A question I am often asked is regarding networking within Freemasonry; can Freemasonry help me expand my personal network? From this question I assume is meant for the purpose of business or personal gain, or maybe both.
I am not going to explain “networking” in this article as I assume the reader is fully conversant with this term, but it must be admitted that we, in Freemasonry, meet many people from many professions and trades in our lodges and even more if you enjoy visiting other lodges. After all, there is an estimated 5 million or more regular Freemasons located in most corners of the world.
Some young (and older) professionals put a great deal of emphasis on their personal and business networks, from the need to share or gain professional information or marketing with the aim of opening doors to better career opportunities (and more), and it cannot be denied that many of these professionals are Freemasons.
Many people are, and have been since its evolution from stonemasons guilds, very confused as to the real purpose of Freemasonry. Medieval stonemasons had “the Mason’s Word” which they were sworn by an obligation to keep secret from the public, and their ceremonies were also kept secret as this was where travelling stonemasons were tested and newly made fellows and apprentices learned this “secret Mason Word.” As Freemasonry evolved into what it is today, and because of this “secrecy,” many conspiracy theories have abounded, and unfortunately still do. This included the mistaken belief that secret political and business dealings were conducted in “secret” meetings, which, of course, is not true. In those early days of Freemasonry, many were members of parliament, Dukes, Earls, etc., even Monarchs became members, but there was also many professionals, merchants, trades and undoubtably stonemasons too. Strangely, this is similar today.
Let’s examine the age when the stonemasons guild was at the heart of all work performed by fellows and their apprentices of the guild. There were many rules in the ‘Old Charges” that related to stonemasons at work, one demanding explicitly that:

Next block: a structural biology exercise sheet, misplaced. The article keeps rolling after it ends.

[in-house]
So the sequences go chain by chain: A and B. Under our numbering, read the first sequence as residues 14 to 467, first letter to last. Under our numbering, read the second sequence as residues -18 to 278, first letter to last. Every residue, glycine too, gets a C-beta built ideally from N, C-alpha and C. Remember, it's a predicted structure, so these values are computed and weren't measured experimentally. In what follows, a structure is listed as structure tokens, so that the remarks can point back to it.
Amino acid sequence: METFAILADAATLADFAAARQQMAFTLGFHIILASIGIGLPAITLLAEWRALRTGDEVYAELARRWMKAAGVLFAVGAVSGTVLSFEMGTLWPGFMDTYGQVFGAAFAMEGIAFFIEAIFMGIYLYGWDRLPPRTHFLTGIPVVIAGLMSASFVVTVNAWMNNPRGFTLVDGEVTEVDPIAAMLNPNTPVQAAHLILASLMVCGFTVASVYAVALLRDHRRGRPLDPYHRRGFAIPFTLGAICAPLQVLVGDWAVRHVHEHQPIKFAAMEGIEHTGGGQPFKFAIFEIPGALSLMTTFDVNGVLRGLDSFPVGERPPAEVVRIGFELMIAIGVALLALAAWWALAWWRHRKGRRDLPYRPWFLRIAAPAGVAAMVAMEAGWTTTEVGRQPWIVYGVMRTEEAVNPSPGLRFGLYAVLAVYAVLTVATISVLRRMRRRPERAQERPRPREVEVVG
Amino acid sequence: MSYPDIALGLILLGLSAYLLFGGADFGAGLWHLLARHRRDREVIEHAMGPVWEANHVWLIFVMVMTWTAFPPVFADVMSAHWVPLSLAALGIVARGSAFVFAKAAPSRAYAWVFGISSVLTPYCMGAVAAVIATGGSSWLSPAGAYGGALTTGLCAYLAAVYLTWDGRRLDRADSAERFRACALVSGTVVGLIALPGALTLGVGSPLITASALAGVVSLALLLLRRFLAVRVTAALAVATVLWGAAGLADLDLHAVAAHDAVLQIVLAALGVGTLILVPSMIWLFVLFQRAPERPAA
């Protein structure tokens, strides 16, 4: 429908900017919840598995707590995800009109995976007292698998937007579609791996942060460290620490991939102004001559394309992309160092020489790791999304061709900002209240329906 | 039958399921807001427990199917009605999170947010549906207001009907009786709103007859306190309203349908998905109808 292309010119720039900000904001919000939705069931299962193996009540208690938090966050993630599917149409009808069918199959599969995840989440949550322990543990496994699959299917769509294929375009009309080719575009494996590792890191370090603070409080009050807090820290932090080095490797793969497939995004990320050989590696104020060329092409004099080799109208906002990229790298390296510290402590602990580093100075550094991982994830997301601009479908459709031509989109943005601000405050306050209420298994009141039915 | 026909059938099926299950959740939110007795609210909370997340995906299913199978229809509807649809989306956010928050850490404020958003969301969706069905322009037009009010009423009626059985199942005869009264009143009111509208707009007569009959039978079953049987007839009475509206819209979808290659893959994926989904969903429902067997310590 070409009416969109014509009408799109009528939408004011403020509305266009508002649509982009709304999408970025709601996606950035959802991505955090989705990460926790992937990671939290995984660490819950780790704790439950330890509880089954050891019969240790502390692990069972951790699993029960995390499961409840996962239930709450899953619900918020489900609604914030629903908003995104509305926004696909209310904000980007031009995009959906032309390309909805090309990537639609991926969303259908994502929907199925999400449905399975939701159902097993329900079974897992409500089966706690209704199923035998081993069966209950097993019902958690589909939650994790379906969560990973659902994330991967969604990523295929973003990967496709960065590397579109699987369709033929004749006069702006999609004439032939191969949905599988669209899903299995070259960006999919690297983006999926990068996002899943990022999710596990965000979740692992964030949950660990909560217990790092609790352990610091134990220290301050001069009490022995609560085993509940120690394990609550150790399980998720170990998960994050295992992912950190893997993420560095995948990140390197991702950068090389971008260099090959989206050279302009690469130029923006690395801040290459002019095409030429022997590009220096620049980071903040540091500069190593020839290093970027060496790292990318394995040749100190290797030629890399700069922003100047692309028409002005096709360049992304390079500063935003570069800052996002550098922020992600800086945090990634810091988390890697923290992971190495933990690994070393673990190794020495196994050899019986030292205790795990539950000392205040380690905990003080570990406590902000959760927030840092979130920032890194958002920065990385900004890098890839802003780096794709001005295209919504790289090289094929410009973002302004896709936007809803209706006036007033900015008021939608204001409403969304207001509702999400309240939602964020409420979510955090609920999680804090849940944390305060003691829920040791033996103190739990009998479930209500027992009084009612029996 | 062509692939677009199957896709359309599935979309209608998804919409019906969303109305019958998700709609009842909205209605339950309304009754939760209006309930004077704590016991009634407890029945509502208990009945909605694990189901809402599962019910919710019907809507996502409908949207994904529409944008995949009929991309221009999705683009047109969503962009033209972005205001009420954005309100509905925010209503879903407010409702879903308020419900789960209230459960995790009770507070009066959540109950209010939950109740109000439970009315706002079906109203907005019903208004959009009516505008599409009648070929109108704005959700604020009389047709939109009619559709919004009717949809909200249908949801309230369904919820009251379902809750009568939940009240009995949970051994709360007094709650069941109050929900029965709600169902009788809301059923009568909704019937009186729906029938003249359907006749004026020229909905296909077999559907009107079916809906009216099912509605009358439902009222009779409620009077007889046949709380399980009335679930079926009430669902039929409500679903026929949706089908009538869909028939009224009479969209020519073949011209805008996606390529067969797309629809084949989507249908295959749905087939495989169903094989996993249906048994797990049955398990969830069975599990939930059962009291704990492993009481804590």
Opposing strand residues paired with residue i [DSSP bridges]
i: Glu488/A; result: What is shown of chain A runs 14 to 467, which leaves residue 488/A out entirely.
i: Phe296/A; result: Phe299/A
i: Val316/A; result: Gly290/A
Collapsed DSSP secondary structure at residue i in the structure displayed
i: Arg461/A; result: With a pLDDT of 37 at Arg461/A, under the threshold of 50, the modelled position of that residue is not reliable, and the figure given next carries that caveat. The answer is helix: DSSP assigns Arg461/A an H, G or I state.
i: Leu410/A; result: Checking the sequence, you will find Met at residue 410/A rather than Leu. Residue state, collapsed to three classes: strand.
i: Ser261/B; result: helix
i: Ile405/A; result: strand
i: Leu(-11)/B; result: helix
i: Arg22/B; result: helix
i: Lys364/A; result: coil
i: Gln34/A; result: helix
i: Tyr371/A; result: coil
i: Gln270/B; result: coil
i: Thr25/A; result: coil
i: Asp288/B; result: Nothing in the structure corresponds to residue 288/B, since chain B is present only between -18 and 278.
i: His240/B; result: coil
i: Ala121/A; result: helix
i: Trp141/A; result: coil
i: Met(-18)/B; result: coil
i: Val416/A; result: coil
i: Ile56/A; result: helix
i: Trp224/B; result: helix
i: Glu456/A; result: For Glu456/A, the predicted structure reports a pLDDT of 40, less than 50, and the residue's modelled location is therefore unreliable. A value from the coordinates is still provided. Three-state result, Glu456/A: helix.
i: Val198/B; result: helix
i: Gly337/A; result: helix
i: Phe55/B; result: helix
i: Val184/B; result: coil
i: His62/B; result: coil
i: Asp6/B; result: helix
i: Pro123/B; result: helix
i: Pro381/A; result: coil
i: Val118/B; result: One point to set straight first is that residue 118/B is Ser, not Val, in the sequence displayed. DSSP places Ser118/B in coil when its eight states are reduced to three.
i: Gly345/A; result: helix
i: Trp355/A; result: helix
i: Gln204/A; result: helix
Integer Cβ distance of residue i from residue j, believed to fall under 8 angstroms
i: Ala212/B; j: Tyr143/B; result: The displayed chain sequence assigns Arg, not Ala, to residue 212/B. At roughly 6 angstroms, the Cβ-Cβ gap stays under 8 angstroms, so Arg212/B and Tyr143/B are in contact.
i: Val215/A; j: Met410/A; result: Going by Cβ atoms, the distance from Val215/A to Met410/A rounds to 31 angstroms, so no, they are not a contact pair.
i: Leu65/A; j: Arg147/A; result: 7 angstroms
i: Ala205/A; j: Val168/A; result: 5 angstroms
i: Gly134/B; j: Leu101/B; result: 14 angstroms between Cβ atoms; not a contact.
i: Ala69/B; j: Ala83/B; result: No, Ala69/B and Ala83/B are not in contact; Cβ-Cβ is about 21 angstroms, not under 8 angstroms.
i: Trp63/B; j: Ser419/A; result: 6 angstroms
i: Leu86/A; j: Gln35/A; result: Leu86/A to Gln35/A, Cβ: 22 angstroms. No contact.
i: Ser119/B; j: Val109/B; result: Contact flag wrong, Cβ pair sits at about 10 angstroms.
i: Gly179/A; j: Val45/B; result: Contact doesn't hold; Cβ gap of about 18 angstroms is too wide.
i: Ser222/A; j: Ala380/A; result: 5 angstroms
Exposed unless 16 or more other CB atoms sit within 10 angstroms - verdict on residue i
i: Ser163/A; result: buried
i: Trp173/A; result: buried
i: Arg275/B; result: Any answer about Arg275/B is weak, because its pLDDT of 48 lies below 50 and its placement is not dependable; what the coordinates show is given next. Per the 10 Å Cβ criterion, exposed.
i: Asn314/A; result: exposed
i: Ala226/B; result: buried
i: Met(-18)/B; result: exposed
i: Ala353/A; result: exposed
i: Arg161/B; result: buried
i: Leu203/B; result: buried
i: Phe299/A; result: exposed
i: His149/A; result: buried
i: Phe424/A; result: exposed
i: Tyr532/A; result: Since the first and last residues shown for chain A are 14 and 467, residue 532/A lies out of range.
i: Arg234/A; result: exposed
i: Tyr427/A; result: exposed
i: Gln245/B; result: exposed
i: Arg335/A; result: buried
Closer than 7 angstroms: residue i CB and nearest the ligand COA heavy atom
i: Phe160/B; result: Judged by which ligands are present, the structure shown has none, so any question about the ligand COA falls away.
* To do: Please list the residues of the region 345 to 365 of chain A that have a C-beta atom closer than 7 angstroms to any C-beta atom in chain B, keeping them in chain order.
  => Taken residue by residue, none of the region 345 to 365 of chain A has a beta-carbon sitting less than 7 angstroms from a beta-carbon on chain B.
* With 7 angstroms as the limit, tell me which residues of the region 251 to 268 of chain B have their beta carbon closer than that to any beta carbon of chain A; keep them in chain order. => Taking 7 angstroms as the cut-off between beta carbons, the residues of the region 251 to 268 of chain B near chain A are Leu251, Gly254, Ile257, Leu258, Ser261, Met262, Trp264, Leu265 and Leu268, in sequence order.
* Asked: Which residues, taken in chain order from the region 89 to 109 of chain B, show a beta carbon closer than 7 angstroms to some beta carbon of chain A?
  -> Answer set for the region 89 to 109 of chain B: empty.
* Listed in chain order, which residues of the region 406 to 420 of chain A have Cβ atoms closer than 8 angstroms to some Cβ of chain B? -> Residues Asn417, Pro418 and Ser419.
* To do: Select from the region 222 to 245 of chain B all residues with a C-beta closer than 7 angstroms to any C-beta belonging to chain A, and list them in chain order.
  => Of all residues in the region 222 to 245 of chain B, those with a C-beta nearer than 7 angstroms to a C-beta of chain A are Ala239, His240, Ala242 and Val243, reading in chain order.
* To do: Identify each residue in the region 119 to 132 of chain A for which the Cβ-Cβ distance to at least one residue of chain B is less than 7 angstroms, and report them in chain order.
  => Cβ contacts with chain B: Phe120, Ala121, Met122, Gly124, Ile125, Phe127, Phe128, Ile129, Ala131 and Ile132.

“you shall not supplant any of your fellows of their work.”
This was the first instruction relating to the work of other stonemasons. The very existence of these craft guilds was to regulate, govern, find and share all the work undertaken by their members, stonemasons guilds included. Stonemasons guilds were also charitable organisations with respect, not just to their local members, but to all stonemasons, especially when it came to work, or lack of it. Stonemasons travelled extensively for work and through the network of their guilds, places of work would be “networked.” So a stonemason who possessed the “Mason Word” would travel to where there was work, and if on arrival there was none available, the lodge (or guild) of stonemasons at the worksite would feed and shelter the one seeking work and, if necessary, provide cash from their charity book and send their fellow craftsman on his way, hopefully with a good tip on where work for his skills could be acquired. Another extract from the 1723 “Charges of a Freemason,” which are an interpretation of one of the “Old Charges” states in part:
“if he is in want you must relieve him, or else direct him how he may be relieved, you must employ him some days, or else recommend him to be employed.”
So the real purpose of networking in Freemasonry in medieval times was to support fellow craftsmen to find work, or feed and house the travelling stonemason as he sought out work. Today, the only networking to be found within our organisation is that of social networking, encouraging friendships to be made and for each Freemason to assist their “brothers” in this way or to “relive their necessities,” but only within their personal ability. As it evolved into the Freemasonry we know today, this also evolved into the charitable society it is today, having now moved from a member only charity to also providing charitable funds to non Freemasons.
So the networking in Freemasonry is simply social networking, promoting friendships among fellow Freemasons, looking after each other when times are hard, but on no account may Freemasonry be used for business networking or expanding you own network for personal gain. Every candidate for Freemasonry today is told, and he/she must agree before admittance into our society, that on no account should the reason for joining be to network for personal gain. If found that there has been any attempt to do this, then he/she is likely to be expelled from the order. The only type of networking promoted by Freemasonry is simply for friendship; Freemasonry being a place where new friends are made. We allow no politics nor business dealing, no “secret” deals, nothing in fact that could cause the “harmony of the Lodge to be disturbed.”
These articles are written by W Bro Steve Froggatt PPJGD, current Chaplain of Neptune Lodge No 5150 EC. Steve was initiated into Freemasonry in 1986.They do not represent the view of any Grand/Provincial Grand Lodge.
© Copyright 2019 Al-Khabar/Stephen Froggatt all rights reserved